189. When Ilion, Priam, all his pow’r, shall quite be worn away,
  190. When heav’n-inhabiting Jove shall shake his fiery shield at all,
  191. For this one mischief. This, I know, the world cannot recall.
  192. “But be all this, all my grief still for thee will be the same,
  193. Dear brother. If thy life must here put out his royal flame,
  194. I shall to sandy Argos turn with infamy my face;
  195. And all the Greeks will call for home; old Priam and his race
  196. Will flame in glory; Helena untouch’d be still their prey;
  197. And thy bones in our enemies’ earth our curséd fates shall lay;
  198. Thy sepulchre be trodden down; the pride of Troy desire
  199. Insulting on it, ’Thus, O thus, let Agamemnon’s ire
  200. In all his acts be expiate, as now he carries home
  201. His idle army, empty ships, and leaves here overcome
  202. Good Menelaus.’ When this rave breaks in their bated breath,
  203. Then let the broad earth swallow me, and take me quick to death.”
  204. “Nor shall this ever chance,” said he, “and therefore be of cheer,
  205. Lest all the army, led by you, your passions put in fear.
  206. “The arrow fell in no such place a death could enter at,
  207. My girdle, curets doubled here, and my most trusted plate,
  208. Objected all ’twixt me and death, the shaft scarce piercing one.”
  209. “Good brother,” said the king, “I wish it were no further gone,
  210. For then our best in med’cines skilled shall ope and search the wound,
  211. Applying balms to ease thy pains, and soon restore thee sound.”
  212. This said, divine Talthybiús he call’d, and bad him haste
  213. Machaon (Æsculapius’ son, who most of men was grac’d
  214. With physic’s sov’reign remedies) to come and lend his hand
  215. To Menelaus, shot by one well-skill’d in the command
  216. Of bow and arrows, one of Troy, or of the Lycian aid,
  217. Who much hath glorified our foe, and us as much dismay’d.
  218. He heard, and hasted instantly, and cast his eyes about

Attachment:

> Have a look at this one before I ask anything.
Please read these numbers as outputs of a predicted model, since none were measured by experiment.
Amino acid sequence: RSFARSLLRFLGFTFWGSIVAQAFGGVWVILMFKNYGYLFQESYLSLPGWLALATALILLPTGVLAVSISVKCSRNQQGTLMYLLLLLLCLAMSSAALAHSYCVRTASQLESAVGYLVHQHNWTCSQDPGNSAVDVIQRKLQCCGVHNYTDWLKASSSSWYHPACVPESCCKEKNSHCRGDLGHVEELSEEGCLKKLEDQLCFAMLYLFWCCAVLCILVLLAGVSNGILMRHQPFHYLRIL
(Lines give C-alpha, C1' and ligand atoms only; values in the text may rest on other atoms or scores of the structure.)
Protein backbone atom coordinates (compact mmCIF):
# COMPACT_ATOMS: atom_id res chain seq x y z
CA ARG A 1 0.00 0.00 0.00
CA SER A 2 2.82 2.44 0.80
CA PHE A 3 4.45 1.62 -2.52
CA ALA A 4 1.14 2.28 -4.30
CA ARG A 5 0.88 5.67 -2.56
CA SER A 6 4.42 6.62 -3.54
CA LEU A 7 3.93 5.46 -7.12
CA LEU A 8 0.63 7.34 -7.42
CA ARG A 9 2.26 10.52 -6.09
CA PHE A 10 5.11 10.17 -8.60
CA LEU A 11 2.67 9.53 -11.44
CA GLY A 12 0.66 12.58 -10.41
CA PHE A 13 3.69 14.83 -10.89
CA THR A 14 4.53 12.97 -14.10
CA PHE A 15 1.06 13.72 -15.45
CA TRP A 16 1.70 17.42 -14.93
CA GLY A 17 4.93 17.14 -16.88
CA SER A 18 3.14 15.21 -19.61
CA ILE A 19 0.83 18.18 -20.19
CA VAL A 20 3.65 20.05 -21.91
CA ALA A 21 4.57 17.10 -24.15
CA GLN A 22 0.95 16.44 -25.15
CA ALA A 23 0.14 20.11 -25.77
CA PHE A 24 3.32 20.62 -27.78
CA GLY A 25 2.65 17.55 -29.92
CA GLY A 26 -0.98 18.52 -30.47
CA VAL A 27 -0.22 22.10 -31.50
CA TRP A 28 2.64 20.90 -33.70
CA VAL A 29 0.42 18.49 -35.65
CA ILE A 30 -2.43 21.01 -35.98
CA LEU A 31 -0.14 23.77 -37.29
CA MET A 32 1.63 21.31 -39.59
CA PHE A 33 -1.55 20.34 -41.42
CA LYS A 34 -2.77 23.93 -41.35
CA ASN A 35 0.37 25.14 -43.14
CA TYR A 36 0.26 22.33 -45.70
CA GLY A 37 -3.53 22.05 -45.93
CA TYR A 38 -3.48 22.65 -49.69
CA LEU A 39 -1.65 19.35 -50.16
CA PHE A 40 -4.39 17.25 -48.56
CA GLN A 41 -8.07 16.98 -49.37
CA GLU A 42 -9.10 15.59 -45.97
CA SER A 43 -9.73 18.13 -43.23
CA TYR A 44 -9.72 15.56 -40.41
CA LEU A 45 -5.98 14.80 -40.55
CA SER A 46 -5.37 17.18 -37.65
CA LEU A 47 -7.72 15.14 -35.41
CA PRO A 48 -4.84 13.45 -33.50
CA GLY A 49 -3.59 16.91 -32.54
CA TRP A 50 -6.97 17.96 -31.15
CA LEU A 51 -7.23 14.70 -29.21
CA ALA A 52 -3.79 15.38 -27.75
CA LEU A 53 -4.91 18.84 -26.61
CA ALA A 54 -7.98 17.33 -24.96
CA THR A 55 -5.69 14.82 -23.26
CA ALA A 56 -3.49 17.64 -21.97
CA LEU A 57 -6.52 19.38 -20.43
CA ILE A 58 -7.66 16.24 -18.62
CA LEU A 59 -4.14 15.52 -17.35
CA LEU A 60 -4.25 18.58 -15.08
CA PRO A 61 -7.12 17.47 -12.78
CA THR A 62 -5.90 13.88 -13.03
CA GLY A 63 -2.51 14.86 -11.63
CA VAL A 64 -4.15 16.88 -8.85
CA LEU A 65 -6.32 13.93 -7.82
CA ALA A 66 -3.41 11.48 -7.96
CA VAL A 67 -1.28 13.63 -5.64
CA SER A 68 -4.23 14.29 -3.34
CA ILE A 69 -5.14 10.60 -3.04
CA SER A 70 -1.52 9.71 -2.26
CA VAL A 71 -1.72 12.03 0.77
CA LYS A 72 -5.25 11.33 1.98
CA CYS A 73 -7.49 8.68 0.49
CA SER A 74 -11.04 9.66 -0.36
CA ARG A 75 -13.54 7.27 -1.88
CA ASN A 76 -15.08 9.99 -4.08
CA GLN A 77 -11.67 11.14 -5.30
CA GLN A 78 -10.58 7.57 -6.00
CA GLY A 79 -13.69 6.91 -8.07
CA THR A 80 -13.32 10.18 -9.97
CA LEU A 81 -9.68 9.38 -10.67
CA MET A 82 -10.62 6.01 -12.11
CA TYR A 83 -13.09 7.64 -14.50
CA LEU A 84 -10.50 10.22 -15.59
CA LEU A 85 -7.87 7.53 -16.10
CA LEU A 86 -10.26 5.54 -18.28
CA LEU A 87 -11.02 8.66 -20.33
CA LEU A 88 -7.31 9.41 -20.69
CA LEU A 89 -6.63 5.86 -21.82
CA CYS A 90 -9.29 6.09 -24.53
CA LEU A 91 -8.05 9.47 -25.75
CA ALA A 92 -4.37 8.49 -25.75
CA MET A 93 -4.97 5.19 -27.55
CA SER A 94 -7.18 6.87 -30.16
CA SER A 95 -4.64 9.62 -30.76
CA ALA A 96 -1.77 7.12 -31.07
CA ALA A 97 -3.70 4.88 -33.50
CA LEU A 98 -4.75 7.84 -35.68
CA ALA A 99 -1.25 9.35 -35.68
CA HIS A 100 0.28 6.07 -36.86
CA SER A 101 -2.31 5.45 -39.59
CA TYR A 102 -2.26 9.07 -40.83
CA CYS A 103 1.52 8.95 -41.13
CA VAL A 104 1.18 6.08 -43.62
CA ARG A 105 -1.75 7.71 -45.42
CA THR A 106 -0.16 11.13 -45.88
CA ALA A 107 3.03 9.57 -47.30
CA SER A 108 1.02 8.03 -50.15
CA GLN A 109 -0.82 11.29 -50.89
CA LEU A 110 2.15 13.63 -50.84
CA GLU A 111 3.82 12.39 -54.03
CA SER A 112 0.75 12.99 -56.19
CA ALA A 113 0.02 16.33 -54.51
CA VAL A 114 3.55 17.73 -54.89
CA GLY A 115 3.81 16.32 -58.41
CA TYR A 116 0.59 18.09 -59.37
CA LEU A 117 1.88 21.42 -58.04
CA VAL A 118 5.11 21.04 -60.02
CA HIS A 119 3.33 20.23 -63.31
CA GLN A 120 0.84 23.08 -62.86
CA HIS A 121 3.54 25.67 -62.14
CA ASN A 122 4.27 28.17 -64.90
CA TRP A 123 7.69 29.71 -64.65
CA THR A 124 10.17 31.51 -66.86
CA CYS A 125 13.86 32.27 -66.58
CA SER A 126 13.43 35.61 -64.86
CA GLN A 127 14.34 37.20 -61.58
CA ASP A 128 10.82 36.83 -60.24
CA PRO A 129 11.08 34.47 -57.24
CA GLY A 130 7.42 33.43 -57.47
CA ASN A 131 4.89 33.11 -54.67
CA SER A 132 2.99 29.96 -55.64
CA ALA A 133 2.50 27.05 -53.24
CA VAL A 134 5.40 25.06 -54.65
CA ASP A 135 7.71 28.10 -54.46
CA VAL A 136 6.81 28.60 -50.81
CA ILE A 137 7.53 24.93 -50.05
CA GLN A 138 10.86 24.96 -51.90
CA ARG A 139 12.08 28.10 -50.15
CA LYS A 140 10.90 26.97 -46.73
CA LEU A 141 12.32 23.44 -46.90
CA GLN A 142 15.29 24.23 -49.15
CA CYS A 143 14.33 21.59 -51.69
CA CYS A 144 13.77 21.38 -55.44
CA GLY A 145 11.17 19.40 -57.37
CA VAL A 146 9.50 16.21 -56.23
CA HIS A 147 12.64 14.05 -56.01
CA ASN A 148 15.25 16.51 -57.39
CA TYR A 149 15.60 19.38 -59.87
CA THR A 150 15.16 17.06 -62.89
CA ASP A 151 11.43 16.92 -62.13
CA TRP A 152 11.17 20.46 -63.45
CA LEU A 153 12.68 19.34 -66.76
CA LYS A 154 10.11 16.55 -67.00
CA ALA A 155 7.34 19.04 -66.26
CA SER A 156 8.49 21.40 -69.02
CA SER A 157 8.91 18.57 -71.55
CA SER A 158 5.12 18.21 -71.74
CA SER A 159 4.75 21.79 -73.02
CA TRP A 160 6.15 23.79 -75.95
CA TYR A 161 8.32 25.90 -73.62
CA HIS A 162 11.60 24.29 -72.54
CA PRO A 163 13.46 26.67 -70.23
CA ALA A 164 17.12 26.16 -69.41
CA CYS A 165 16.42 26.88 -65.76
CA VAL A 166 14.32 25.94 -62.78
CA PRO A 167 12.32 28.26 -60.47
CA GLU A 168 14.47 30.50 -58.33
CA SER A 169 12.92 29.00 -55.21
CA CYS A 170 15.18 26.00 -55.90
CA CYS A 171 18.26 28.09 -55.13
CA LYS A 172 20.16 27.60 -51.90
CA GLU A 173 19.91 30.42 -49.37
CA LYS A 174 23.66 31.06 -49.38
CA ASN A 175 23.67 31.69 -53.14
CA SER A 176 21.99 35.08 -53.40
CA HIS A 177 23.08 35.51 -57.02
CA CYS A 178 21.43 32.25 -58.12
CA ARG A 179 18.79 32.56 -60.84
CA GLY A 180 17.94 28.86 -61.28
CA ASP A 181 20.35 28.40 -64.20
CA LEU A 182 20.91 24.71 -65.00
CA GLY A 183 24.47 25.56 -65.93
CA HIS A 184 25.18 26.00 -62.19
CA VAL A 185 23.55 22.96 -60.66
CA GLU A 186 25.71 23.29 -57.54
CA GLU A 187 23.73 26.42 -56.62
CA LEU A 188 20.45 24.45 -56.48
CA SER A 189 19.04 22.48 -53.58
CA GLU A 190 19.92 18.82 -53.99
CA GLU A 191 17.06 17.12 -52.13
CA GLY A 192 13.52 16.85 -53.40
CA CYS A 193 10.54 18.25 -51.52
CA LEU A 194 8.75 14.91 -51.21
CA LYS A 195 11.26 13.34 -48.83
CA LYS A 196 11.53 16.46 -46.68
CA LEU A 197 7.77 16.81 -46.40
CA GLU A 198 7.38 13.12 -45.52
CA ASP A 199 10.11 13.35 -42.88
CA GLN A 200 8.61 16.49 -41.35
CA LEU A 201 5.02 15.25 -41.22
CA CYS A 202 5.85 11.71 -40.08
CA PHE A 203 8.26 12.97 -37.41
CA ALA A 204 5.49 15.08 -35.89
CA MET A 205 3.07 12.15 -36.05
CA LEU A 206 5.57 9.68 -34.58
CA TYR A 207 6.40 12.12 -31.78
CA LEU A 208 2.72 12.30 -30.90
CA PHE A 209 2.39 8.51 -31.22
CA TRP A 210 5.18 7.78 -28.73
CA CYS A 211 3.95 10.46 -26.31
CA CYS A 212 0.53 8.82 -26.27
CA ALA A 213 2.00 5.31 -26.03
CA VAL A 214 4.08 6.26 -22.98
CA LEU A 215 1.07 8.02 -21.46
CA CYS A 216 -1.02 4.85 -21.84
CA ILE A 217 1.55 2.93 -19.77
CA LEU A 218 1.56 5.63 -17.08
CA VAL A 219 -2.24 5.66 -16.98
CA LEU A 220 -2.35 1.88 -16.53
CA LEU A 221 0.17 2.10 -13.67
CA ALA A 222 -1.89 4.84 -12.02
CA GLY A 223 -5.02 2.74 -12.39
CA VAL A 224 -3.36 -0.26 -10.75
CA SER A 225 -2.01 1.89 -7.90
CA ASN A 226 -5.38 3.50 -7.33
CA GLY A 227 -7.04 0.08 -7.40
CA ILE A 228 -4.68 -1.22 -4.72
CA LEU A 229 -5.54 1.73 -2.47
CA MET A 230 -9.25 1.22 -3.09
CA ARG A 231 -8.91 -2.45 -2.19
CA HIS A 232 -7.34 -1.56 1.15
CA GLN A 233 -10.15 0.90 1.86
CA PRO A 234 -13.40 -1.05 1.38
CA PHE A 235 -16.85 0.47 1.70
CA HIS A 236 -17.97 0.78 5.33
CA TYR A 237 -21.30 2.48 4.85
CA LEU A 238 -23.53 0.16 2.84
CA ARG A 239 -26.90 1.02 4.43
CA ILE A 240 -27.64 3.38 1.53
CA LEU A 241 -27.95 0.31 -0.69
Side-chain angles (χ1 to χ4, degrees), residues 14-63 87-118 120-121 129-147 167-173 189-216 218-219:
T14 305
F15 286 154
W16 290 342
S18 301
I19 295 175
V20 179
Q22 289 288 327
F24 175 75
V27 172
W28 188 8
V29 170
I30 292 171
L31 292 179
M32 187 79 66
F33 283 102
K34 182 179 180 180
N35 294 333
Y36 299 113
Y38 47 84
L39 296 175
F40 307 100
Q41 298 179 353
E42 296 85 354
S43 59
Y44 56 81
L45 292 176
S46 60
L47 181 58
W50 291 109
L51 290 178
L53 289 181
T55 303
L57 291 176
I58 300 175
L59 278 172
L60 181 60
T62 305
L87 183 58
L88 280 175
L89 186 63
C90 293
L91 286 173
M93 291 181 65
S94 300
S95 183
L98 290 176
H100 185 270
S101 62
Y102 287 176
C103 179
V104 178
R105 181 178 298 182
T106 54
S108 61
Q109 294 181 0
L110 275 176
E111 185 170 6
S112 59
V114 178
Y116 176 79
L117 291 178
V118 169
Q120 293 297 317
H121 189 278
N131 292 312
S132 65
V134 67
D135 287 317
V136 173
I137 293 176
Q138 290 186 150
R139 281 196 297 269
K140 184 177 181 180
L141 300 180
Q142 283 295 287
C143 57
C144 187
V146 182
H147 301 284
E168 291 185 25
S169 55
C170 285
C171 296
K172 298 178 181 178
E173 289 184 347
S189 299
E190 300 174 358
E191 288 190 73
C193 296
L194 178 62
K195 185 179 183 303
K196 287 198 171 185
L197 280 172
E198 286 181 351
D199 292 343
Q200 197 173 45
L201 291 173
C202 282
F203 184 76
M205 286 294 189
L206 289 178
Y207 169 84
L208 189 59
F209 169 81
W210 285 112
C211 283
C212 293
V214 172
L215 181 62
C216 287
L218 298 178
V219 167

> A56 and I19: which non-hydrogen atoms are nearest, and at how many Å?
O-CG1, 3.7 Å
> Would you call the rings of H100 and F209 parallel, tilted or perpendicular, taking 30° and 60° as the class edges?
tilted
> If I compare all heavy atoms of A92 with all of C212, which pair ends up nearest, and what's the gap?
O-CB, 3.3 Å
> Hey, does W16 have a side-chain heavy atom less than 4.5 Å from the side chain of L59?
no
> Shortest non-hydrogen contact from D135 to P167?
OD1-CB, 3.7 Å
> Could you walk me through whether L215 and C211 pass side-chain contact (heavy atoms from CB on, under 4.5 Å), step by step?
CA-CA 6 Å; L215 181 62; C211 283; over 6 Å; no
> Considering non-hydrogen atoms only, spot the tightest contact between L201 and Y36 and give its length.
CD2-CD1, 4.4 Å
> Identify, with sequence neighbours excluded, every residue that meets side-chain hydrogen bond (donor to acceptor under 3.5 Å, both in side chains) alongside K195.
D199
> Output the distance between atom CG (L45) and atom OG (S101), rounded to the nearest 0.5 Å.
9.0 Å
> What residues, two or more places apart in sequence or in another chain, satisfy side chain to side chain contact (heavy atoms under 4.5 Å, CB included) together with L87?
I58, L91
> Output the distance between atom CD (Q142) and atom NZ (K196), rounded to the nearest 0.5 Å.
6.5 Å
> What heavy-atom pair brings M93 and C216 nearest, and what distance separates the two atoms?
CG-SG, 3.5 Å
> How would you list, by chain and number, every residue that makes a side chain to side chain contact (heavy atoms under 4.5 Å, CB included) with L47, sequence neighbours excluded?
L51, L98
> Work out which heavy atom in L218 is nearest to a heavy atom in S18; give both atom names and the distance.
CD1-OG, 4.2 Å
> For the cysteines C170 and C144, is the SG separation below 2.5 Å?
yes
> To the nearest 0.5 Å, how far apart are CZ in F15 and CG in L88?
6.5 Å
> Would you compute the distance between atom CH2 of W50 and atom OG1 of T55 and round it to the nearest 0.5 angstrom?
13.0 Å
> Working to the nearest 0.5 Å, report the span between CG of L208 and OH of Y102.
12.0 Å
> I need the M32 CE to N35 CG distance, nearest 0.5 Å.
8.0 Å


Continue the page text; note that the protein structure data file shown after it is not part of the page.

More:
219. The thickest squadrons of the Greeks, to find Machaon out.
  220. He found him standing guarded well with well-arm’d men of Thrace;
  221. With whom he quickly join’d, and said: “Man of Apollo’s race,
  222. Haste, for the king of men commands, to see a wound impress’d
  223. In Menelaus, great in arms, by one instructed best
  224. In th’ art of archery, of Troy, or of the Lycian bands,
  225. That them with much renown adorns, us with dishonour brands.”
  226. Machaon much was mov’d with this, who with the herald flew
  227. From troop to troop alongst the host; and soon they came in view
  228. Of hurt Atrides, circled round with all the Grecian kings;
  229. Who all gave way, and straight he draws the shaft, which forth he brings
  230. Without the forks; the girdle then, plate, curets, off he plucks,
  231. And views the wound; when first from it the clotter’d blood he sucks,
  232. Then med’cines, wondrously compos’d, the skilful leech applied,
  233. Which loving Chiron taught his sire, he from his sire had tried.
  234. While these were thus employ’d to ease the Atrean martialist,
  235. The Trojans arm’d, and charg’d the Greeks; the Greeks arm and resist.
  236. Then not asleep, nor maz’d with fear, nor shifting off the blows,
  237. You could behold the king of men, but in full speed he goes
  238. To set a glorious fight on foot; and he examples this,